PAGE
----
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    The Morning After - Iowa

    | No Comments | No TrackBacks Special Contributor Skip Myslenski offers up his look back at Northwestern's contest against Iowa on Sunday at Welsh-Ryan Arena.

    * Let us begin with Fran McCaffery, the Iowa coach. "I'm typically more concerned with their three-point shooting than their back door layups," he would say early Sunday evening, shortly after his team's 20-point win over the 'Cats. "They usually get you with one or the other or both. We've had trouble with them making multiple threes over the years. Ten, 11, 12, 13, 14. The first time I coached against them in this league, they made 14 in that game. That just blows the game open. So. We were up, we were up pressuring, and that makes it hard for the passer. Even if the back door cut's open, it's hard to make that pass. But what's hard to do against that offense is to sustain it the way we did. To me, that's what's most impressive. You can lock it up for short periods of time. But, normally, eventually they'll get you. Today they didn't."


    * Now let us turn to Bill Carmody, whose 'Cats put up just 15 first-half points against the Hawkeyes, just 50 points in the game. "I thought they defended very well," he said at one point.


    "We're having a hard time putting the ball in the basket," he said at another.


    "We're having a hard time figuring out who's going to score," he said at a third.


    "Our offense is really lacking, to tell you the truth," he said at a fourth.


    "We're doing too much dribbling, if you watch out there," he said at a fifth. "Sobo's (point Dave Sobolewski) dribbling around too much. Al's (Alex Marcotullio) dribbling around too much. Reggie's (Reggie Hearn) dribbling too much. We have to pass the ball and cut and share the ball more, then usually good things happen. Then tonight, that first half, we had some open looks. We missed about four layups (that were) sort of contested. But stuff you have to make if you're going to win."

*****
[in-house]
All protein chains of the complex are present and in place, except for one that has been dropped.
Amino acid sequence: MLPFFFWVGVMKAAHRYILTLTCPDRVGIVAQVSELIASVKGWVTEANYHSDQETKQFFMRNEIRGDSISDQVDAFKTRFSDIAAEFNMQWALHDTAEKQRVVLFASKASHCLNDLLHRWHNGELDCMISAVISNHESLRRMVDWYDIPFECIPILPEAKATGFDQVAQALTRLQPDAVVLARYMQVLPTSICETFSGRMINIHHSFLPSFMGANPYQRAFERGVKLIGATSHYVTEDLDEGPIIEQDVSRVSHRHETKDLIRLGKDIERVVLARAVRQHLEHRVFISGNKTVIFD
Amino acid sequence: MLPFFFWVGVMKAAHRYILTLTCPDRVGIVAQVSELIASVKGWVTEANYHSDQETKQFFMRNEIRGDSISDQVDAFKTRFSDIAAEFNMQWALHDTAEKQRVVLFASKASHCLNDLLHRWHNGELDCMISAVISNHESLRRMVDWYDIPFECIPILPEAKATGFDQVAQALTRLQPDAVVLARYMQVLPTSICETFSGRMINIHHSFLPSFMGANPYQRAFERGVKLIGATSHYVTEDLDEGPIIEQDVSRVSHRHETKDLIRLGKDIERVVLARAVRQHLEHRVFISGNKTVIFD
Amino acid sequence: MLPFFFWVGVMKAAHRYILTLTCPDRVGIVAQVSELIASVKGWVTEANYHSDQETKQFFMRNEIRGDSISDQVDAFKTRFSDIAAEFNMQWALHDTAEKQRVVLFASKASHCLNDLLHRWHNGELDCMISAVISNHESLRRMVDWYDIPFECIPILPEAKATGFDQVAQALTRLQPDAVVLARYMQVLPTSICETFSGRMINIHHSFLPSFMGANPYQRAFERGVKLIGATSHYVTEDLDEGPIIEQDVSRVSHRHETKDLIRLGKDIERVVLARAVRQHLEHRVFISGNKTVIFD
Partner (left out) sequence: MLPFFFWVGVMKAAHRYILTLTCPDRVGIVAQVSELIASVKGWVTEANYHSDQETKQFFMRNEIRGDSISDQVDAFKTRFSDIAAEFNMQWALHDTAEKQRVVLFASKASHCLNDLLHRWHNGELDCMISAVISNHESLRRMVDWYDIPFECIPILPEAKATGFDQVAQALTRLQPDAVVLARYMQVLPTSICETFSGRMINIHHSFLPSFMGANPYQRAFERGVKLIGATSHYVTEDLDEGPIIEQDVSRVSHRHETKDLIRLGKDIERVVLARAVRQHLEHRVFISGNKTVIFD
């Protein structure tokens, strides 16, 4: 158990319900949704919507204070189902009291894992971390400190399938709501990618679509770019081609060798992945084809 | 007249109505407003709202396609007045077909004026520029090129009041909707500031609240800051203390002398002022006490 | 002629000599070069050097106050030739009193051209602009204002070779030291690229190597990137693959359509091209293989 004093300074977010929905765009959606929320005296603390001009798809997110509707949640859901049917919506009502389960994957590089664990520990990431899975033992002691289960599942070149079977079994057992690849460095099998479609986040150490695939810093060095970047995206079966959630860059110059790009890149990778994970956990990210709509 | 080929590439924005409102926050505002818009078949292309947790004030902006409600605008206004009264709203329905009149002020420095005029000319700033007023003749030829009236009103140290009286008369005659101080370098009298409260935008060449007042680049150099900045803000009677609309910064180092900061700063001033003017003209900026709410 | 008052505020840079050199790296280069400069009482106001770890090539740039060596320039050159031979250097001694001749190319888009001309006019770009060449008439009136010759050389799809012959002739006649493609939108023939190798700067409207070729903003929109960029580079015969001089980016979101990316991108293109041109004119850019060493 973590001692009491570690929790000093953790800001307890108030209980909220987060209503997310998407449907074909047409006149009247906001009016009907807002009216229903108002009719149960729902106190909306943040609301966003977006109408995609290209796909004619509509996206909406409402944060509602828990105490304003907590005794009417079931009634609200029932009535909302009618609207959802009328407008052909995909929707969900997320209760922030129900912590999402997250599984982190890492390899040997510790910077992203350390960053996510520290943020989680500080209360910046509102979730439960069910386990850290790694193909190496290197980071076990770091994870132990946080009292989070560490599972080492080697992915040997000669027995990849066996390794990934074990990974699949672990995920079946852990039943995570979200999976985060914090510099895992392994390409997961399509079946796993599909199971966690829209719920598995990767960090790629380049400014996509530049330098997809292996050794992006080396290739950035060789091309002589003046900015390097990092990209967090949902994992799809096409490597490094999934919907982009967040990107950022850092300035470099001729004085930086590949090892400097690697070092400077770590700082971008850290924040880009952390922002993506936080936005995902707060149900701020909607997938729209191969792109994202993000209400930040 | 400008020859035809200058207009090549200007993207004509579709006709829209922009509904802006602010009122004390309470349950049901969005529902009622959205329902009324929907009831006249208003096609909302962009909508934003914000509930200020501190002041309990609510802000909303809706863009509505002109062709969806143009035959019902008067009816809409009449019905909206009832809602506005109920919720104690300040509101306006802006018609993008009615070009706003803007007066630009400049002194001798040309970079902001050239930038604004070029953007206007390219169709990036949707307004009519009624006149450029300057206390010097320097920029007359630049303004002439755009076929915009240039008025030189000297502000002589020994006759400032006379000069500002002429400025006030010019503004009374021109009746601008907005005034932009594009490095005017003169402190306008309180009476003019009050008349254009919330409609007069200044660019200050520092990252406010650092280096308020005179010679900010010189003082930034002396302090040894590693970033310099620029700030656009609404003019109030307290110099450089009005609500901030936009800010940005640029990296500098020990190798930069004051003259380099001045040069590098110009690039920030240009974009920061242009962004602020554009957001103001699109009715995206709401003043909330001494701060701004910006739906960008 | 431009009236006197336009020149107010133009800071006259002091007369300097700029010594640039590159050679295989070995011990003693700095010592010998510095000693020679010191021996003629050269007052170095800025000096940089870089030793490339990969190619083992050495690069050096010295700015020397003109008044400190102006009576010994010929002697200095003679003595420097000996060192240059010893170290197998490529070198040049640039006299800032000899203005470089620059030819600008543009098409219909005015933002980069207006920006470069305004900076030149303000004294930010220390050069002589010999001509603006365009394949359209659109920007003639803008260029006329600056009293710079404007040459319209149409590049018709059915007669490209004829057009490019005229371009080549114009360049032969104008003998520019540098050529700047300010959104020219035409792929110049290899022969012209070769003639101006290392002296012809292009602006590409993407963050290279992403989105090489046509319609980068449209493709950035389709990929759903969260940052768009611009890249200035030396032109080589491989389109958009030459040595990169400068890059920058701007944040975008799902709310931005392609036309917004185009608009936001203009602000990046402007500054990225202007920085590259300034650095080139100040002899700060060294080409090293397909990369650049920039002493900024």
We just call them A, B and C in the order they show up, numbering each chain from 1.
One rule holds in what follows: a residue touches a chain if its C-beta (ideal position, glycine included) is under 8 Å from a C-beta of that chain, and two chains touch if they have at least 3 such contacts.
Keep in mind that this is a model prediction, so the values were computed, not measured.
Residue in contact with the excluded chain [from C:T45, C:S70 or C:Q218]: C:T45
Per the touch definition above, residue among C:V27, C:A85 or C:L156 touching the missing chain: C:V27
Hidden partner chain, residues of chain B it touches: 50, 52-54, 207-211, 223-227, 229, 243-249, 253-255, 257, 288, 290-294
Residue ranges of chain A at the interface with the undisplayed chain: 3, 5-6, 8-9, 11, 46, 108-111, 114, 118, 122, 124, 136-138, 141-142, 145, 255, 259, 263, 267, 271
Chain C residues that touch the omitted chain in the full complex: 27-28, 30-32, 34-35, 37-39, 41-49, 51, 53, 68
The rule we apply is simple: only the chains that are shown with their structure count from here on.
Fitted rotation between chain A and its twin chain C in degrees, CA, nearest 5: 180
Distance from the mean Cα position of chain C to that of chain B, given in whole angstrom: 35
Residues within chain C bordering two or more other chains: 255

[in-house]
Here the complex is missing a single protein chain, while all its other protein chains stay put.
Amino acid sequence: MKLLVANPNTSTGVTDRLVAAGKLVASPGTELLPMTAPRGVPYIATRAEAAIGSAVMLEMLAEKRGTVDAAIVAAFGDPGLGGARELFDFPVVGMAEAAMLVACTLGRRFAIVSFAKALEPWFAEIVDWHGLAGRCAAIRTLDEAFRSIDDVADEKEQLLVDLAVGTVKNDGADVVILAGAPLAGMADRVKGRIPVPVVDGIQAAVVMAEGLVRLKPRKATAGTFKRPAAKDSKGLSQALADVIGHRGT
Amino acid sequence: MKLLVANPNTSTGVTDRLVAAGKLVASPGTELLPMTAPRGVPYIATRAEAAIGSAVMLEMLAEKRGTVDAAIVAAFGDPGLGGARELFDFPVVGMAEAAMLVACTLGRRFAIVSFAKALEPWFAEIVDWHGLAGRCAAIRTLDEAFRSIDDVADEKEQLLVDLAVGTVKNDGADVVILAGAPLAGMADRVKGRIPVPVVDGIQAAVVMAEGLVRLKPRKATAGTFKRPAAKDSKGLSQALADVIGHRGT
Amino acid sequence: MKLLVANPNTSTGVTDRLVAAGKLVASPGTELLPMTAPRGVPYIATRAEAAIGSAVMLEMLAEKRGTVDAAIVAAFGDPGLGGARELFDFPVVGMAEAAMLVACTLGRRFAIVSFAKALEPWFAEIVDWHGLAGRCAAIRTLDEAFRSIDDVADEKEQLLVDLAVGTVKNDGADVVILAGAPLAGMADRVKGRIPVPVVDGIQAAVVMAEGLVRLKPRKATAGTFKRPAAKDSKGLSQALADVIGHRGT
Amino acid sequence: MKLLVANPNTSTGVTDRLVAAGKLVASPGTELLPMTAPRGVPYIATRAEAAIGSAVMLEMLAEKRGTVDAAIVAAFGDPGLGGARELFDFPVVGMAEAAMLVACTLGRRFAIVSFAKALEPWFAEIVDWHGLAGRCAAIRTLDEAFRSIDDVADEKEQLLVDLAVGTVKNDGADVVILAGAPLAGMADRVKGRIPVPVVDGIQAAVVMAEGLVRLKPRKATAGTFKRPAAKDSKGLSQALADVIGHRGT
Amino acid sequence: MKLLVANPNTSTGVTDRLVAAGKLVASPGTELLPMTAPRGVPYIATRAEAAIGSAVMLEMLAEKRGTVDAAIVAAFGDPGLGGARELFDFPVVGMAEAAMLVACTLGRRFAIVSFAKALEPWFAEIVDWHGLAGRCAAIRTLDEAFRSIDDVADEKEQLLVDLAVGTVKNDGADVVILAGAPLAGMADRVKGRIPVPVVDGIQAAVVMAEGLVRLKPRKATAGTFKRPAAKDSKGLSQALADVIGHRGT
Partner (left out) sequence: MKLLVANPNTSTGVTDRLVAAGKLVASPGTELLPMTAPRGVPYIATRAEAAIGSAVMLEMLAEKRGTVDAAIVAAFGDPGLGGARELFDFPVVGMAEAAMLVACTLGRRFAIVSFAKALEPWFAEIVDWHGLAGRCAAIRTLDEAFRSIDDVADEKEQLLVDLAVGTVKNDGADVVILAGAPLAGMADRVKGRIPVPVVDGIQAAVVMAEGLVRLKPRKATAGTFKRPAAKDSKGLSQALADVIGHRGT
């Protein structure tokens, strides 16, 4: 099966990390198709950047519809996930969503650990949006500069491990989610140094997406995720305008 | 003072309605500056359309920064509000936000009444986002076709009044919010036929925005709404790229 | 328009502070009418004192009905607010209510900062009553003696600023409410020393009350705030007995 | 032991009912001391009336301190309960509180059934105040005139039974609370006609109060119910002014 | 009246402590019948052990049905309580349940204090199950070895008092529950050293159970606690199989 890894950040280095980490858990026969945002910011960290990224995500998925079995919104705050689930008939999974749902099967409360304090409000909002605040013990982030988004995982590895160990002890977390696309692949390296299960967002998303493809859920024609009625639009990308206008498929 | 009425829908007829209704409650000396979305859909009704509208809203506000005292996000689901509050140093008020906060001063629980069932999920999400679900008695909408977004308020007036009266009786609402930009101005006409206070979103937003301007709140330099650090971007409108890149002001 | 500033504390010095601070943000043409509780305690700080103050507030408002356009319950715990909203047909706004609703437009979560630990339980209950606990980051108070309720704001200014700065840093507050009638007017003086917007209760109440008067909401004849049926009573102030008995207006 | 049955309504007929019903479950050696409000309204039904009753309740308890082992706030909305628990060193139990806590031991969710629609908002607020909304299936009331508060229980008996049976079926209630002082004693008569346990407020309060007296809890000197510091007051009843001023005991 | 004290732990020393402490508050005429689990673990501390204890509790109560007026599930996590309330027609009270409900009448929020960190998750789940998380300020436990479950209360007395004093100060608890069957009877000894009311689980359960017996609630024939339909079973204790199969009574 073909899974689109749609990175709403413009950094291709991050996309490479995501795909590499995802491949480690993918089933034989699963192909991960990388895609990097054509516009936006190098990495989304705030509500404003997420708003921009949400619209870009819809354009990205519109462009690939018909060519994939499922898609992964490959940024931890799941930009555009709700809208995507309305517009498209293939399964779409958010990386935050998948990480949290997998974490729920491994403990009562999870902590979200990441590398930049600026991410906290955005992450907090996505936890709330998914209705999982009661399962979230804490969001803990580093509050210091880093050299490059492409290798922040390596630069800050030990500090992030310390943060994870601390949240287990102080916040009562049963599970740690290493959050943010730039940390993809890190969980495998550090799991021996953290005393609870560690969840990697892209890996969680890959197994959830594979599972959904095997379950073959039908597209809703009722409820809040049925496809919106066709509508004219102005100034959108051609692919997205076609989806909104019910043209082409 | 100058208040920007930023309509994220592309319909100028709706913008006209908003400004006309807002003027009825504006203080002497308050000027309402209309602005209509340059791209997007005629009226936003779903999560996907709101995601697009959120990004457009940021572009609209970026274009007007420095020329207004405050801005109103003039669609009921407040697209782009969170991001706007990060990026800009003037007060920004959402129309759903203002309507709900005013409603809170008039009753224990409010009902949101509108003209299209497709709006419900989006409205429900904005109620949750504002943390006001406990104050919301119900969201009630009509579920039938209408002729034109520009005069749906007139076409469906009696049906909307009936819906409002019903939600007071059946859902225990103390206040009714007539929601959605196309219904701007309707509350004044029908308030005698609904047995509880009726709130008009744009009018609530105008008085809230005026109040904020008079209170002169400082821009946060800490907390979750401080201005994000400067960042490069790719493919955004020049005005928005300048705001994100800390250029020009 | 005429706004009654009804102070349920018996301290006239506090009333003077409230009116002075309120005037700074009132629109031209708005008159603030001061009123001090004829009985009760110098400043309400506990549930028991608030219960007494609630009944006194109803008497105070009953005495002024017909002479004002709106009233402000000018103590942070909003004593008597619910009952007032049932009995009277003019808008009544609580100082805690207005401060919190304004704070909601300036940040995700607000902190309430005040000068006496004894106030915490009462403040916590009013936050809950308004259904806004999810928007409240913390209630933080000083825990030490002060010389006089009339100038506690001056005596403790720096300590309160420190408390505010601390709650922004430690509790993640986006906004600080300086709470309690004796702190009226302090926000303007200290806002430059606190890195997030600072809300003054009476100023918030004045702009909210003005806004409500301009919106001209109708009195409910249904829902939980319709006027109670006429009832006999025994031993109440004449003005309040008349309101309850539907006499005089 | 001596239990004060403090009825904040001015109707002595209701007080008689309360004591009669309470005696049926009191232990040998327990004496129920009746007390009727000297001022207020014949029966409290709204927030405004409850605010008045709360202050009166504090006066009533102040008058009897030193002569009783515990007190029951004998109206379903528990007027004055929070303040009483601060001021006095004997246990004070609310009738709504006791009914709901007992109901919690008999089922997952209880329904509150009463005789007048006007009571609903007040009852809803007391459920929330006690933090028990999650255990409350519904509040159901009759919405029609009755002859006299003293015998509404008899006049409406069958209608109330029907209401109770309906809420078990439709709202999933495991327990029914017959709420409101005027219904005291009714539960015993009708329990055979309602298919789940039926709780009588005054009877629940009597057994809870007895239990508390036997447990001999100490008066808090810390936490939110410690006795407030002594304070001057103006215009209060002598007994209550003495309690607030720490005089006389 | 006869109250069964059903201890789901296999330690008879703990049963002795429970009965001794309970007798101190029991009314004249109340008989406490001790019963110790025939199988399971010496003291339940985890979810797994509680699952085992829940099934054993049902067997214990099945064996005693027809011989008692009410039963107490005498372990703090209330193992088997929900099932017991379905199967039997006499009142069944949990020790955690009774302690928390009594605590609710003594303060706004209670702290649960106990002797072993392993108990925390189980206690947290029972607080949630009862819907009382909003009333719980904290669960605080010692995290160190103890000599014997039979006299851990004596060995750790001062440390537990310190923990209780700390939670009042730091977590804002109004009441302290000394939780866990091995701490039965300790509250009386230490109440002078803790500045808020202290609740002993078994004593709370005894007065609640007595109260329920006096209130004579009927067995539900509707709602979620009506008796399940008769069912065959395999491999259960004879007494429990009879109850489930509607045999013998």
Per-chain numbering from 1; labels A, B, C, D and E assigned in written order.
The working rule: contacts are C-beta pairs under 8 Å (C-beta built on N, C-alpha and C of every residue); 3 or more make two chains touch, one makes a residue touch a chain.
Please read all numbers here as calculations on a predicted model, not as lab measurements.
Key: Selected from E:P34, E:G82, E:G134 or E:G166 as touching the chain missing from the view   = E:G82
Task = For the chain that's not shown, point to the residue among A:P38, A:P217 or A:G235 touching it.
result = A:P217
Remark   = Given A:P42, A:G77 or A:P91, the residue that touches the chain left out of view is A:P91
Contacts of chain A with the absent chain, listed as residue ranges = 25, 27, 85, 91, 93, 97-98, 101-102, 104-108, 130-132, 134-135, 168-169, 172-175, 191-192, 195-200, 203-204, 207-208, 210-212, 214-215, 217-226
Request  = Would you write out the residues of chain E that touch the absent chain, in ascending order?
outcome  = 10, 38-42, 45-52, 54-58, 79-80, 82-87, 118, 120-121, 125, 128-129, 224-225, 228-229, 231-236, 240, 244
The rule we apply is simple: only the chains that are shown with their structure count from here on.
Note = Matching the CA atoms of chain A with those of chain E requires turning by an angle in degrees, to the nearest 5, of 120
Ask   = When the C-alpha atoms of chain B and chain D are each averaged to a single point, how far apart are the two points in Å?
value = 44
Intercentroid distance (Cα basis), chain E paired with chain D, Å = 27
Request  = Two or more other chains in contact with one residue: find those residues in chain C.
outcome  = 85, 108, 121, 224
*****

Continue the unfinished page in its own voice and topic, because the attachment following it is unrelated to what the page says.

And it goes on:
* The Hawkeyes, from the start on Sunday, did challenge the 'Cats defensively. They met the ball high, out beyond the three-point arc, and rarely did they surrender either an open look or the room needed for that entry pass that leads to an easy, back door layup. Still, with 9:33 left in the first half, the 'Cats went up 10-9 after Hearn dropped in a jumper.


    Yet they were shooting poorly, and their offense lacked rhythm, and it evidenced none of those hard screens and sharp cuts and crisp passes it needs to be effective, and so the inevitable now occurred. The 'Cats suffered a drought that produced this: one-of-10 shooting through the rest of the half and a 10-point Hawkeye lead when the break finally came.



    * At that break, the 'Cats were five-of-24 overall (20.8 percent) and one-of-11 on their threes (9.1). At game's end, those numbers were 15-of-51 (29.4 percent) and five-of-26 (19.2). "Tonight, it was just stagnant," Carmody also said of the offense that produced those figure. "But, again, I don't want to dwell on this, just our offense. It's been a problem now for awhile."